Internet, however, there was a major change on such a small
   timescale.  This memo discusses measurements that the authors made
   from the perspective of an end-user with well-working IPv4 and IPv6
   connectivity.  Our measurements include the number of most popular
   networks providing AAAA records for their service as well as delay
   and connection failure probabilities.

   The rest of this memo is structured as follows.  Section 2 discusses
   the goals of our measurements, Section 3 describes our measurement
   methodology, Section 4 gives our preliminary results, and Section 5
   makes some conclusions.


2.  Motivation and Goals

   Practical IPv6 deployment plans benefit from accurate information
   about the extent to which IPv6 can be used for communication, and how
   its characteristics differ from those of IPv4.  For instance,
   operators planning to deploy dual stack networking may wish to
   understand what fraction of their traffic would move to IPv6.  This
   information is useful for estimating sufficient capacity to deal with
   the IPv6 traffic and impacts to the operator's IPv4 infrastructure or
   carrier-grade NAT devices as their traffic is reduced.  Network
   owners also wish to understand the extent to which they can expect



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   different delay characteristics or problems with IPv6 connectivity.
   The goals of our measurements were to help with these topics by
   answering the following questions:

   o  What fraction of most popular Internet sites offer AAAA records?
      How did the World IPv6 Day change the situation?

   o  How do the traffic characteristics differ between IPv4 and IPv6 on
      sites offering AAAA records?  Are the connection failure rates
      similar?  How are RTTs impacted?

   There have been many measurements about some of these aspects from a
   service provider perspective, such as the Google studies on which end
   users have broken connectivity towards them.  Our measurements start
   from a different angle, by assuming a well-working dual-stack
   connectivity on the measurement end, and then probing the rest of the
   Internet to understand, for instance, how likely it is to have IPv6
   connectivity problems, or what are the delay differences between IPv4
   and IPv6 towards the rest of the Internet.  Similar studies have been
   performed by the Comcast IPv6 Adoption Monitor [IPv6Monitor] and RIPE
   NCC [RIPEv6Day].


3.  Measurement Methodology

   We used the top 10,000 sites of the Alexa 1 million most popular
   sites list [Alexa] from June 1st 2011.  For each domain name in the
   list, we performed DNS queries with different host names.  For IPv4
   addresses (A records) we used host name "www" and also performed a
   query with just the domain name.  For IPv6 addresses (AAAA records)
   we used also different combinations of host names that have been used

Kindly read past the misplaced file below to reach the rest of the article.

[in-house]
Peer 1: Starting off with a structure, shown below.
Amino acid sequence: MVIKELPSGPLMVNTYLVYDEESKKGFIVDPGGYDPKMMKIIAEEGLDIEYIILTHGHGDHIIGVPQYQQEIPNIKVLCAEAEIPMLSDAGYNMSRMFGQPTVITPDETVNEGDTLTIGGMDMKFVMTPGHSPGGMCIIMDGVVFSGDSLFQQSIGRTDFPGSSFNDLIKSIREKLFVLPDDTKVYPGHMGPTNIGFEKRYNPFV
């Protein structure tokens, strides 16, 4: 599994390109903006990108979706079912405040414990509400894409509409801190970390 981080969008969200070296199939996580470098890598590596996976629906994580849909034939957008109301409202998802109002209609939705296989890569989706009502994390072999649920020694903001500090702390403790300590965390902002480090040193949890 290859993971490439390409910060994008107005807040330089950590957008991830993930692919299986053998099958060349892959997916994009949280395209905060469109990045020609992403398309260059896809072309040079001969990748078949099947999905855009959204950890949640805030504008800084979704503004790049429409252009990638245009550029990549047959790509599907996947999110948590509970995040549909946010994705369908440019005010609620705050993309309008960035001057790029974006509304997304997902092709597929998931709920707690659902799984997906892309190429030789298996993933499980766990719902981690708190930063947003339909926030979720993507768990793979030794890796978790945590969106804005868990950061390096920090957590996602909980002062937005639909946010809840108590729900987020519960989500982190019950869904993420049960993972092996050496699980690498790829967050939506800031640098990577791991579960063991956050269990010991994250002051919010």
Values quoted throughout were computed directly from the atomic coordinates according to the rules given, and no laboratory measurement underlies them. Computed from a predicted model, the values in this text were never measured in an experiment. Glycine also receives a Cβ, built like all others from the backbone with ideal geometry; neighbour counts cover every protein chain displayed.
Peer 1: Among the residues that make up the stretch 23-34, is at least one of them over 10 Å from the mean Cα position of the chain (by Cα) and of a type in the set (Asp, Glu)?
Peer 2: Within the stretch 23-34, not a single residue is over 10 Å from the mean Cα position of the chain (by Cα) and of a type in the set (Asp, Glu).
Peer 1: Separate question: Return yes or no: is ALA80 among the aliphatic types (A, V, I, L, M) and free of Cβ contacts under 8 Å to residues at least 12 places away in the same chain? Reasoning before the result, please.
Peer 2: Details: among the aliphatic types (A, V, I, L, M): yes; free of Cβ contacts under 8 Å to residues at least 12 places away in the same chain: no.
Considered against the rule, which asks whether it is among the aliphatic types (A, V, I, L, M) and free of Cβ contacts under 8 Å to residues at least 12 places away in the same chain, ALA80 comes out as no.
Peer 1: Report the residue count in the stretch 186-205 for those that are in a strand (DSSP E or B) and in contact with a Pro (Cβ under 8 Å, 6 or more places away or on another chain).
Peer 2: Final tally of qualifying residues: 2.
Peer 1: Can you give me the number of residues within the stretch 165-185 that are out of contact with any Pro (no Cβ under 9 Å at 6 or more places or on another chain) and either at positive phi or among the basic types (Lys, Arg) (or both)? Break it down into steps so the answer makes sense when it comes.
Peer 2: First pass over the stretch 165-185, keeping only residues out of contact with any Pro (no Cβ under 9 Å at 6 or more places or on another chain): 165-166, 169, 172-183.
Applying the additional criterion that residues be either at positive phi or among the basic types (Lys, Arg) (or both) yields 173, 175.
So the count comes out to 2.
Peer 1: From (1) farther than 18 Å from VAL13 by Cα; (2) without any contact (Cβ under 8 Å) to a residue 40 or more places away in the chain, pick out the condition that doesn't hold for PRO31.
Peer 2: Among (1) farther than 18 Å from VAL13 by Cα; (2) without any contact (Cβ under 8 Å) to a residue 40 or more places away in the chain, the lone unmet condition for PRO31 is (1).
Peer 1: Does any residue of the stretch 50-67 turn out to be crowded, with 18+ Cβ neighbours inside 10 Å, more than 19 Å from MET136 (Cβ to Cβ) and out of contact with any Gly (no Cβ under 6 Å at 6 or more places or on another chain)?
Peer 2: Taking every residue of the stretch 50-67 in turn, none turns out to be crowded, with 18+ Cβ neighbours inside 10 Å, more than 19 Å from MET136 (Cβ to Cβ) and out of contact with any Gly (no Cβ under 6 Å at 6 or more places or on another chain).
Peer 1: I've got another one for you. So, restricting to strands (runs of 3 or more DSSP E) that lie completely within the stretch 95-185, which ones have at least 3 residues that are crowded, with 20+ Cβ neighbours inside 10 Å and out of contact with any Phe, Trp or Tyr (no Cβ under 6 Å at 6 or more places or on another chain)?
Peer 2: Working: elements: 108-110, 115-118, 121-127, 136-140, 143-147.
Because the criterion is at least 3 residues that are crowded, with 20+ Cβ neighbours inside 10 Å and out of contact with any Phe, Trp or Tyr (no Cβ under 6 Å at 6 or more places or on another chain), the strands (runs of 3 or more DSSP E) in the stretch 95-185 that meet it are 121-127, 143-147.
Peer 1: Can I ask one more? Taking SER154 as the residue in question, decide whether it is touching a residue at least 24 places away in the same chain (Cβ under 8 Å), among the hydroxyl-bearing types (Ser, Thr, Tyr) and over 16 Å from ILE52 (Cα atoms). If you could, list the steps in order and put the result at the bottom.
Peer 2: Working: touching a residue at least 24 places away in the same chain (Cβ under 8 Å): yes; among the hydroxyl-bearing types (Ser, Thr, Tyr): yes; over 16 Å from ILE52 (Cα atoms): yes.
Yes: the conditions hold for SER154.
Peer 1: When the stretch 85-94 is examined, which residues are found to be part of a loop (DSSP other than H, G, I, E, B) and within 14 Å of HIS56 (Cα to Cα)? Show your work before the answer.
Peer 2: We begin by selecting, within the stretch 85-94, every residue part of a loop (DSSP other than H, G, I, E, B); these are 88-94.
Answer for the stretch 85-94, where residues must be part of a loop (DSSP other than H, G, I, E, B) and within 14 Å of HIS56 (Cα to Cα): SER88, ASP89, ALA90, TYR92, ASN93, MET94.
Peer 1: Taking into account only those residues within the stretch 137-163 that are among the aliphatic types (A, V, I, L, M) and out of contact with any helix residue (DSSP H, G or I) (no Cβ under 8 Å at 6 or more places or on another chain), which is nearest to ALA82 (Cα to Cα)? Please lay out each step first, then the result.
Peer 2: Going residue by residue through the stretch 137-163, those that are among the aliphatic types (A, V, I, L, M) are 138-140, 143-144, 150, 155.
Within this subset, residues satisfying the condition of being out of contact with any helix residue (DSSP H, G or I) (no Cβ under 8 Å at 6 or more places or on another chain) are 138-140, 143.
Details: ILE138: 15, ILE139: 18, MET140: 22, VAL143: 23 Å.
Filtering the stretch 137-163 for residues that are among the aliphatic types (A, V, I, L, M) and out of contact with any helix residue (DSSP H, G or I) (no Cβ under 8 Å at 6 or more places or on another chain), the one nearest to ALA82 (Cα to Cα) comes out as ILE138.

for IPv6 sites, namely "www6", "ipv6", "v6", "ipv6.www", "www.ipv6",
   "v6.www", and "www.v6".

   All DNS queries were initiated in the order listed above (first "www"
   and just the domain name for A-records, then "www", domain name, and
   different IPv6-host names for AAAA records) but the queries were done
   in parallel (i.e., without waiting for the previous query to finish).
   The first response for A and AAAA record and the corresponding host
   name were recorded.  The queries had 3 second re-transmission timeout
   and if there wasn't any response for 10 seconds, all remaining
   queries for the site were canceled.  We used a custom-made Perl
   script and the Net::DNS module for the DNS queries.

   The measurement script used a bind9 DNS server running on the same
   host that was performing the measurement.  The DNS cache of the
   server was flushed before each measurement run to be able to detect
   the changes in the DNS records in real-time.  The host, and thus the



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   DNS server, was not part of DNS IPv6 whitelisting agreements.

   After obtaining IP addresses for the site, if a site had both A and
   AAAA records, a simple C-program was used to create TCP connections
   at the same time with IPv4 and IPv6 to the IP addresses discovered
   from the DNS.  The connection setup was repeated for 10 times and the
   connection setup delay was measured by recording the time right
   before and after the connect system call.  The host used for
   measurements is a regular Linux PC with 2.6.32 version kernel and
   dual stack Internet connection via Ethernet.

   The measurements were started one week before the World IPv6 Day (on
   Wednesday, June 1st, 17:30 GMT) and have been running since, once
   every three hours.  One test run takes from two to two and a half
   hours to finish.


4.  Measurement Results

4.1.  DNS Measurements